Researchers at Rice University and the University of Texas at Austin (UT) have investigated the structure of the long flexible tail of the influenza virus' nucleoprotein. This tail is present in all strains of influenza A including lethal bird flu, Hong Kong flu, and Spanish flu. "There is a small binding pocket for the tail loop of the protein that appears to be a promising target for a new class of antiviral drugs," explains team leader Jane Tao who is working with UT's Robert Krug, "We know from previous genetic studies that this tail loop is almost identical across strains of influenza A, so drugs that target the tail have a high potential of being effective against multiple strains, including the H5N1 [bird flu] strains." The team has found that even seemingly minor changes to the protein tail prevent it from fulfilling a key role in viral replication - linking together to form structural columns used by the virus to transmit copies of itself. New antiviral drugs that circumvent viral resistance are desperately needed if we are to ward off a flu pandemic.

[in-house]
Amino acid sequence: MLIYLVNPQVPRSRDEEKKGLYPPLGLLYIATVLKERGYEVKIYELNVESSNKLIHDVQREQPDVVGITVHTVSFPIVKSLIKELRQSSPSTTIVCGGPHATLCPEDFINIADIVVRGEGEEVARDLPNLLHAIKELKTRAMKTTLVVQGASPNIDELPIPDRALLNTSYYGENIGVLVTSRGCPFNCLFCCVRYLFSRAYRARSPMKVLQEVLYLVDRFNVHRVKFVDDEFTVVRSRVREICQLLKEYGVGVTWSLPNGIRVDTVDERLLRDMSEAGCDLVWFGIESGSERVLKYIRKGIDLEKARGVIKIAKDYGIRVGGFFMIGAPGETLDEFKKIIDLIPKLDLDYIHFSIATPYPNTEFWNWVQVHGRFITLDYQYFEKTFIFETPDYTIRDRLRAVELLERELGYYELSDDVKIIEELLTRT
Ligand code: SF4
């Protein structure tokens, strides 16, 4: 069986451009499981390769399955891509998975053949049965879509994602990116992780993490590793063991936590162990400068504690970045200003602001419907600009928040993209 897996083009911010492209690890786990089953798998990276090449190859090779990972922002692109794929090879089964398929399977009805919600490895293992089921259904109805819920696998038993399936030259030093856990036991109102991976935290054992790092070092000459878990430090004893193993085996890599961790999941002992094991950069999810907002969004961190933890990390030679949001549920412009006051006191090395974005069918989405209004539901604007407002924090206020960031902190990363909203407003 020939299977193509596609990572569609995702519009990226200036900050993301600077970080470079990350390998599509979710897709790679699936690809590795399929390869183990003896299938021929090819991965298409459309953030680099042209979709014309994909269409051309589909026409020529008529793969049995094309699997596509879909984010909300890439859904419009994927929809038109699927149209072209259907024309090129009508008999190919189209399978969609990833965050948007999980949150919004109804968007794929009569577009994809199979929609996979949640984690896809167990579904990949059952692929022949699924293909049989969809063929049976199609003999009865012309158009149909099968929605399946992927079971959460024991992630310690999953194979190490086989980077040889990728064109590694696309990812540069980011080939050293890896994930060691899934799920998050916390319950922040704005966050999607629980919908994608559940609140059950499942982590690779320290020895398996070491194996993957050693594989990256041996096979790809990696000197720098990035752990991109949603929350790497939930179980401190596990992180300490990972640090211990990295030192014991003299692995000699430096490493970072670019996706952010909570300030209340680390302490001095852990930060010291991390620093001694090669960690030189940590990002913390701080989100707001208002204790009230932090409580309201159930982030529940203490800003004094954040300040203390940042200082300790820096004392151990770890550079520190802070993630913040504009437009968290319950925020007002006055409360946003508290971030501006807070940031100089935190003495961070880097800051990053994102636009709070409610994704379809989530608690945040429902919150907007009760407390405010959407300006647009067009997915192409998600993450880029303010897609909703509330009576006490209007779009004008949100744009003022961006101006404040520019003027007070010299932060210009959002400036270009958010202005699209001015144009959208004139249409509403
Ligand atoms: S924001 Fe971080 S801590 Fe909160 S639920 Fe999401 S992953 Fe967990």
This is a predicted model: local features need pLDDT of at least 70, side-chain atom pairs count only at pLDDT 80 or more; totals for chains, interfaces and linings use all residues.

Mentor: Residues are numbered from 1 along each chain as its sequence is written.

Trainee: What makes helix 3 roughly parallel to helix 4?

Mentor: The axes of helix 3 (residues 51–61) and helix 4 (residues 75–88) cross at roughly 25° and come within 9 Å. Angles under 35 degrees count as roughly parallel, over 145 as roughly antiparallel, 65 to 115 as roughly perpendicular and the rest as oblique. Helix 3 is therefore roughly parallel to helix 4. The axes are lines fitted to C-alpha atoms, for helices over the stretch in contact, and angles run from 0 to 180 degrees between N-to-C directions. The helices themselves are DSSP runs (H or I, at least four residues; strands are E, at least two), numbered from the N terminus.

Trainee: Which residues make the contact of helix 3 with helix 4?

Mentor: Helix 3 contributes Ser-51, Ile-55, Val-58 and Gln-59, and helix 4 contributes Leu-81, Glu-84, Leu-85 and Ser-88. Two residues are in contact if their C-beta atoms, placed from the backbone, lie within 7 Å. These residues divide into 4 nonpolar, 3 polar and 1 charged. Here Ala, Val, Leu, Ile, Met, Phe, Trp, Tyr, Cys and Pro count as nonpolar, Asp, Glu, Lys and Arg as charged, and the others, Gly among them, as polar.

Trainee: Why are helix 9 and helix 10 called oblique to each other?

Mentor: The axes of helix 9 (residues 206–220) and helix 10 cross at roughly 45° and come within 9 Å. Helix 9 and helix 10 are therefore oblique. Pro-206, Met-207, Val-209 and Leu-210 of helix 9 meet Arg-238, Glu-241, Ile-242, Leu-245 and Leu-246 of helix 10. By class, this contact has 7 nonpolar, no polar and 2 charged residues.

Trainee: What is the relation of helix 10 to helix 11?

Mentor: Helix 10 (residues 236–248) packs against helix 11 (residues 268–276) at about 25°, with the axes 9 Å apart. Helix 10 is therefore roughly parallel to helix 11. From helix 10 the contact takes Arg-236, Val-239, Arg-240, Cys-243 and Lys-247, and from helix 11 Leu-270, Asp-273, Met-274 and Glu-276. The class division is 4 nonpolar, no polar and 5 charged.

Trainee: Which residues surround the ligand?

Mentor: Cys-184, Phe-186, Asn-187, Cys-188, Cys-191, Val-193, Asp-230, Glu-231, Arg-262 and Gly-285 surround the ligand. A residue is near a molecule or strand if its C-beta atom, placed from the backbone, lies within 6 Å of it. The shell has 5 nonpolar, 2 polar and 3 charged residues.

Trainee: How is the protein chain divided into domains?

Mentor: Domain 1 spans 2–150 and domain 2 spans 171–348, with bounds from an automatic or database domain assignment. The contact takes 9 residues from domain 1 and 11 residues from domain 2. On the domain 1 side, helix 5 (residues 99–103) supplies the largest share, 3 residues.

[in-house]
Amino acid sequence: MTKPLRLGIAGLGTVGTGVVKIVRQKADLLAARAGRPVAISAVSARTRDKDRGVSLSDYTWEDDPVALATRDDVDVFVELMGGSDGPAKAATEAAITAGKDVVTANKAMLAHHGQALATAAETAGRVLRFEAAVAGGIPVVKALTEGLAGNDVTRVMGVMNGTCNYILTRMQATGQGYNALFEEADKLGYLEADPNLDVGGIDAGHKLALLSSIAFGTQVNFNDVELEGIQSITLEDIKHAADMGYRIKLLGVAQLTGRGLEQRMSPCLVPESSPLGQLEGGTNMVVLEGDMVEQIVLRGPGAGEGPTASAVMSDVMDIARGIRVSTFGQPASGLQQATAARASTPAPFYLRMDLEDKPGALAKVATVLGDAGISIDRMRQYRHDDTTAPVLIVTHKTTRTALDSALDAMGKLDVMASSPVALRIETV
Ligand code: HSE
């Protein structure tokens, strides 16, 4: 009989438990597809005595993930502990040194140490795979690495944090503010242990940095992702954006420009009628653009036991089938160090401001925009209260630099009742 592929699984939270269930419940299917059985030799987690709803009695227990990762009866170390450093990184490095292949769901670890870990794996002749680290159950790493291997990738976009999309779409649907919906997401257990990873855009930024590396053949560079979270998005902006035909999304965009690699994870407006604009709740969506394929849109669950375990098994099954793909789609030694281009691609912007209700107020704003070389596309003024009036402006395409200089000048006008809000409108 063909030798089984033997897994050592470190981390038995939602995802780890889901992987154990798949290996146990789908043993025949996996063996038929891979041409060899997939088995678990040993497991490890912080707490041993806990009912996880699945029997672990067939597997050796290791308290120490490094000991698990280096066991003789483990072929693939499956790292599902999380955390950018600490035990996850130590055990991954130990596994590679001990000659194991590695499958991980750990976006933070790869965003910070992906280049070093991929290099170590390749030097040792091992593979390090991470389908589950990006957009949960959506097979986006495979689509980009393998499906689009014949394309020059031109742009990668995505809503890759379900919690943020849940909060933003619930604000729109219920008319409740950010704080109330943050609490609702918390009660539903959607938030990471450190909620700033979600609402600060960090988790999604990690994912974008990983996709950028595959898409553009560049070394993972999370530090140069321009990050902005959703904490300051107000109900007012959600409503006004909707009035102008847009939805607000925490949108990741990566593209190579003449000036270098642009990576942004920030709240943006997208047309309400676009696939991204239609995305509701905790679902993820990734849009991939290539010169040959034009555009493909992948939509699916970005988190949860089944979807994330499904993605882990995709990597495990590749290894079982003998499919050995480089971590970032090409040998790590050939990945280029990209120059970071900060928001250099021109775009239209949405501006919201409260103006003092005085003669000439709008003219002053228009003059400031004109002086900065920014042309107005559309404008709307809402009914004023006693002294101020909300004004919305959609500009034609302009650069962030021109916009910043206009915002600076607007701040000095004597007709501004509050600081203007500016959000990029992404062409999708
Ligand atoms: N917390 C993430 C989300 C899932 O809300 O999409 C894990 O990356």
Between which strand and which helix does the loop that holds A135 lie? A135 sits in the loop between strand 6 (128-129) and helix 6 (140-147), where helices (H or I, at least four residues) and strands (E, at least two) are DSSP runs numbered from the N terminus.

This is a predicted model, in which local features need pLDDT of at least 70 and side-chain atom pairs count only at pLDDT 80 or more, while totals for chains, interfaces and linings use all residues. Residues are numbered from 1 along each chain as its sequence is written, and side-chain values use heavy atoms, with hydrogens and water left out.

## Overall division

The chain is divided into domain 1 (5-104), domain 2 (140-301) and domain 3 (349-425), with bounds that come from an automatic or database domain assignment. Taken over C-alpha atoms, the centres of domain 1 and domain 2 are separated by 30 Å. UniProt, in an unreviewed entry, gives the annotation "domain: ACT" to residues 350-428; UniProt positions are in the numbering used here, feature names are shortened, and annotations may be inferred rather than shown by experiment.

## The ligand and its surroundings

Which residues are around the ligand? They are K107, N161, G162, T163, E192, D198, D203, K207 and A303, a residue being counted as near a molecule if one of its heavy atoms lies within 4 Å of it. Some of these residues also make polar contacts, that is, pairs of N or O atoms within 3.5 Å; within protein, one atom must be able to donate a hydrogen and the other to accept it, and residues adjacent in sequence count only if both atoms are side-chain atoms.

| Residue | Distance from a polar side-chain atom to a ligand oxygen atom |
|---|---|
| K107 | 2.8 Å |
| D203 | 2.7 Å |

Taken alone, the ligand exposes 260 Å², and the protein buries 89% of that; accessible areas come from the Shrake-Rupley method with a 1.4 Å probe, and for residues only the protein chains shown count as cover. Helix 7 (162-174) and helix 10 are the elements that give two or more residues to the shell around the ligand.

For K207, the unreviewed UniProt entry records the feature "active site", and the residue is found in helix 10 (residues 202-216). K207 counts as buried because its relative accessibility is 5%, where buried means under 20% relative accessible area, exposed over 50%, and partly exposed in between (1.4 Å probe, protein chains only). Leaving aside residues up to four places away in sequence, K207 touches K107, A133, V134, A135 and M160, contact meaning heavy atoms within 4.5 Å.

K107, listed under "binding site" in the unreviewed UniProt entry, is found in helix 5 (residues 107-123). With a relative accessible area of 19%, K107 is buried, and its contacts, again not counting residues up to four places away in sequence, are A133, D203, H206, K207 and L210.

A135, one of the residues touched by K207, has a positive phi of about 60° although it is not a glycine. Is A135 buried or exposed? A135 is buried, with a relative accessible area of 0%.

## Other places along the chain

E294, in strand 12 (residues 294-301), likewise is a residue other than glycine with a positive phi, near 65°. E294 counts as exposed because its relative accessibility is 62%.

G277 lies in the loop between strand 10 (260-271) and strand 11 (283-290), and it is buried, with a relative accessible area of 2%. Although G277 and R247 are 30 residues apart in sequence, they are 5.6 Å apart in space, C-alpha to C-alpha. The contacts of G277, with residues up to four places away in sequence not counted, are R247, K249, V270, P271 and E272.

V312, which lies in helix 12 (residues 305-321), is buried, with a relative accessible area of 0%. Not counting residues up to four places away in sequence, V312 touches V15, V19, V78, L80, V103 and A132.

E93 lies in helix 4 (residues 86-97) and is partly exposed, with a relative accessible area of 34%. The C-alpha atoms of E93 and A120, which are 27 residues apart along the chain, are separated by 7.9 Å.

The long tail of bird flu